When Trader Joe’s wanted to increase their presence outside California, they didn’t just look for places with a healthy whole-foods vibe. “It’s a risky proposition to grow your brand and penetrate new markets,” Robb Miller, a principal in Buxton Marketing, said. “We showed them what their customer base would look like in Boston, what it would look like in Washington, D.C.” And the funky food chain increased its business all over the United States, Miller said.
Miller, a representative of the Texas-based firm, spent two days in Derry at the invitation of the Economic Development Committee. He made a presentation to the committee in its Monday, June 20 meeting, and followed up with a presentation to the Town Council in its June 21 meeting.
Miller was introduced by Economic Development Chair Terri Pastori. The firm had had “great success” in Rochester, a town with similar demographics, and when Buxton reached out to Planning Director George Sioras, the committee decided to invite them in for a talk.
Miller said that Rochester was similar to Derry, with 30,000 people, proximity to Boston and a “competitive retail market’ in the neighboring towns. Other communities were booming, and Rochester was suffering from what he called “retail leakage,” with residents going to other towns to shop.
“You have to prove your value,” Miller said. When Buxton partnered with Rochester, now a nine-year relationship, they found that every $1 spent on economic development returns $91 to the local economy.
In a PowerPoint presentation, Miller explained that Buxton began as a consumer analytics company working with retail firms on site selection. “It’s not location, location, location – it’s customer, customer, customer,” he said. They spent 20 years building up their client base before expanding to advising towns and cities, 12 years ago.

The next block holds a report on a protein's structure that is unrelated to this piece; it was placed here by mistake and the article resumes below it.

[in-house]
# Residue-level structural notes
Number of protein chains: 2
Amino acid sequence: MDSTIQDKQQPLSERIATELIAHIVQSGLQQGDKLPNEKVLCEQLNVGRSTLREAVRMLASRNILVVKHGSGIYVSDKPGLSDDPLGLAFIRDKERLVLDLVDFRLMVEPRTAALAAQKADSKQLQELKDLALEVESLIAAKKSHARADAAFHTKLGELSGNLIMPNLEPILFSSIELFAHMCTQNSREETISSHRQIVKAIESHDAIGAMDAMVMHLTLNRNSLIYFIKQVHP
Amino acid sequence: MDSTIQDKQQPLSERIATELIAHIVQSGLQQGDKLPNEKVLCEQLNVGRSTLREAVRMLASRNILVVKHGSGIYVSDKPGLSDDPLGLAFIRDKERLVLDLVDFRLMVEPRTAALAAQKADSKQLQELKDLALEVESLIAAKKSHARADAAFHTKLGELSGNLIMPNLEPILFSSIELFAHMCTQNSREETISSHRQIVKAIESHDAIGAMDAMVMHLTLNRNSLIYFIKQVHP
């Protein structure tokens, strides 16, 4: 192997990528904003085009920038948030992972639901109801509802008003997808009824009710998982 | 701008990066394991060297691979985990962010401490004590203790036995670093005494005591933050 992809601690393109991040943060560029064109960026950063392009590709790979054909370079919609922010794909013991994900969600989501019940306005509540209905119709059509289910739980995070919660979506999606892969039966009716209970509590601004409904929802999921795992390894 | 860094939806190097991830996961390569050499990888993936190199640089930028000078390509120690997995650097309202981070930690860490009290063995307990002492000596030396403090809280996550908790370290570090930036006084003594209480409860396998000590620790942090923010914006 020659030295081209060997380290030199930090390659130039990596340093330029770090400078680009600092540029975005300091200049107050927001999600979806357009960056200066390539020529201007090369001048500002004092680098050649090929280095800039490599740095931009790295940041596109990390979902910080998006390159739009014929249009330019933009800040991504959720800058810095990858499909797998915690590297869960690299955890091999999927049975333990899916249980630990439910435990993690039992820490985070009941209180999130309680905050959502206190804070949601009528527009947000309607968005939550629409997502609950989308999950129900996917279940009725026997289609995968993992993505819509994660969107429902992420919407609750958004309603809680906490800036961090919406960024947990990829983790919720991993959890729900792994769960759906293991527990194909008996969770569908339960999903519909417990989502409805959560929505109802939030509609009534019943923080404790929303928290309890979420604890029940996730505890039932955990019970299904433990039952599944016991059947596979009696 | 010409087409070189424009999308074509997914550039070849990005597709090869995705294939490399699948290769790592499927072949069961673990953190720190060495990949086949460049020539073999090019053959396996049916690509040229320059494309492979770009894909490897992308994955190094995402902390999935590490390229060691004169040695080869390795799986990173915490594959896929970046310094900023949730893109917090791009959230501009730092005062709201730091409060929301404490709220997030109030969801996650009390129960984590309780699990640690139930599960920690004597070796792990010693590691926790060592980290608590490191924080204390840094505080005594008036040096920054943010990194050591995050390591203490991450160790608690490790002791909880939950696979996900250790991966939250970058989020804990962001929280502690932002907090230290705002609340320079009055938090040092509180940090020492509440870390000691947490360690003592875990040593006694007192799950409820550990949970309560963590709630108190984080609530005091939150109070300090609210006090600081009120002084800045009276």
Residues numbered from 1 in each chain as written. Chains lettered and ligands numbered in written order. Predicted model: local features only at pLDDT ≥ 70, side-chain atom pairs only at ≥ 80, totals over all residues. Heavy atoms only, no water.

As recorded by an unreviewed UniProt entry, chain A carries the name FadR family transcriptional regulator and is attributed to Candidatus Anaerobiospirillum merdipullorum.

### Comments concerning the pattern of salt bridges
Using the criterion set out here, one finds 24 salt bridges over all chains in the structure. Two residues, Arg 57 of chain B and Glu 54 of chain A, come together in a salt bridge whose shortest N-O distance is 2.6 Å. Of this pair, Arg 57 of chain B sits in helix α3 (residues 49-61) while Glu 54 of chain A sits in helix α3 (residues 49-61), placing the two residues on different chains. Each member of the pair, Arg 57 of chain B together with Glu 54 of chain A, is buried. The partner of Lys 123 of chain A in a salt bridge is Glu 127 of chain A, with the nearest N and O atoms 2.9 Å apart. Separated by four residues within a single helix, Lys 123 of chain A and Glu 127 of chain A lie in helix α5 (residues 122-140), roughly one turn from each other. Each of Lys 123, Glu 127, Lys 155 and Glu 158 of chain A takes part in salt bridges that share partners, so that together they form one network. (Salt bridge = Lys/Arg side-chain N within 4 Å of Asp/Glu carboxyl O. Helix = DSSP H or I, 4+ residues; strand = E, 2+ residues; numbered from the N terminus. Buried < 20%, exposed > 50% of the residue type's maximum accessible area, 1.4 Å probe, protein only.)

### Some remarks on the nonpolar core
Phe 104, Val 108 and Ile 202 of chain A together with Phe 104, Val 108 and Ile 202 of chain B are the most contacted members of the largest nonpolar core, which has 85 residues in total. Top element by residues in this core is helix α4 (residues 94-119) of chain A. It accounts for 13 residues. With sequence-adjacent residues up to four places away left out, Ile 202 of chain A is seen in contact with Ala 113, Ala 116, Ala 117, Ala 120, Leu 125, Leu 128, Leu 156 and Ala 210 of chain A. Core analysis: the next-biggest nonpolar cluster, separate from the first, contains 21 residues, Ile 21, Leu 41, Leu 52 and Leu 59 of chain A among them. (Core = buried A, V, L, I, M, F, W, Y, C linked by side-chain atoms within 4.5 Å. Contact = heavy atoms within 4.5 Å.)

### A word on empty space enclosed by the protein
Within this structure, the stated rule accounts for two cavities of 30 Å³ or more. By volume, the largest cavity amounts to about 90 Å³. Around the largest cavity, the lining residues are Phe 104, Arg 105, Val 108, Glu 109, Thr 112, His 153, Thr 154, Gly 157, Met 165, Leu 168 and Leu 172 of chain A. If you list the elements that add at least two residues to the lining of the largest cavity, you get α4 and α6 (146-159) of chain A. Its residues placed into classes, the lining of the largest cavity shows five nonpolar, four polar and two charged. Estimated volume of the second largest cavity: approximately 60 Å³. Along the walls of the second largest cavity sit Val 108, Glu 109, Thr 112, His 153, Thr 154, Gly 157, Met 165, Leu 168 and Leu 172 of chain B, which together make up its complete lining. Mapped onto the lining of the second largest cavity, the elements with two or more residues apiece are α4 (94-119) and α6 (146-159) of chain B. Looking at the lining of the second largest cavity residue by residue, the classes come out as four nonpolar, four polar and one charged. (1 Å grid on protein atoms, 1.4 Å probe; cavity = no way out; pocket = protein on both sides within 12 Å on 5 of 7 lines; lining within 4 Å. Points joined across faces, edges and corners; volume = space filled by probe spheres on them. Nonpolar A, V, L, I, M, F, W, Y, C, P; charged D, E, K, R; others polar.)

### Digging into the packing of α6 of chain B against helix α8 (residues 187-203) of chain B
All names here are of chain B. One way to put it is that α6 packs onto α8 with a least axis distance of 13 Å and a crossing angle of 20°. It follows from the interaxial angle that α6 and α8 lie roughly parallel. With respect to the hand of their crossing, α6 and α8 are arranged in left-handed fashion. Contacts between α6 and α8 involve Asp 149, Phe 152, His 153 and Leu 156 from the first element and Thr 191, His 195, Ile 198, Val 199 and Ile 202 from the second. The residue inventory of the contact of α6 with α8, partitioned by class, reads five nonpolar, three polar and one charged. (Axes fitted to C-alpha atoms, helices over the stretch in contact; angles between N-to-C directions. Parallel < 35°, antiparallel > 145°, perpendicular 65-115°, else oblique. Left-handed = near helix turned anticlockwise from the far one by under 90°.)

Buxton’s program for Derry would have three main objectives: increasing tax revenues, improving the quality of life and retaining local businesses. They have worked with 3,000 retailers and 700 municipalities, he said.
In Rochester, they have helped to fill 150,000 square feet of retail space, he said.
His programs are based on data and not just demographics, but “psychographics,” Miller told the Council. He gave an example of two different men, ages 35 to 50, in the same income bracket, but with different needs and priorities.
“We create a ‘thumbprint’ of matching retailers to the town,” he said.
This usually takes 30 to 45 days, according to Miller. Then it’s “pedal to the metal” as Buxton handles the initial outreach. “Then we will position you to sell your community to the retailer,” he said.
Selling the community is best done through Scout, a proprietary platform that is Google-based and allows users to make data-driven decisions.
“Let’s say you think Target would be a great fit,” Buxton proposed. “They are going to do a site visit. You can with a touch of a button pull up a map with the Target customers in the area, and in effect, tell your story to Target.”
His firm also works with local businesses to help them better market themselves, with access to the same data, he said.
The firm has also worked with Manchester, Miller said.
“You are in a competitive area,” he said. “But there are opportunities on the table to bring in the retailers you want.”
Councilor Josh Bourdon asked, “How quick is the ROI (return on investment)?”
Miller replied, “Retail growth is not an event, it’s a process.” It usually takes 8 to 10 months for a town to get into “serious conversations” with retailers.
Councilor David Fischer asked, “What are the specific details of the next step, should we decide to hire you?”
Miller said he would present a formal proposal and ask for an investment of $50,000 to partner with Buxton. He would provide references, he said.
“How long do your partnerships last?” Councilor Charles Foote asked.
“We like multi-year contracts,” Miller said. “The clients who stay with us longer are more successful.” In a multi-year contract the Buxton staff will provide an updated analysis every two years, he said.
And, he said, his firm gives towns the tools to do it on their own.
“We do not do the recruiting,” Miller said. “We put you in the driver’s seat and we ride shotgun.”
Pastori said that after the June 20 meeting, the committee voted to advise the Town Council to retain Buxton as its initial Economic Development consultant.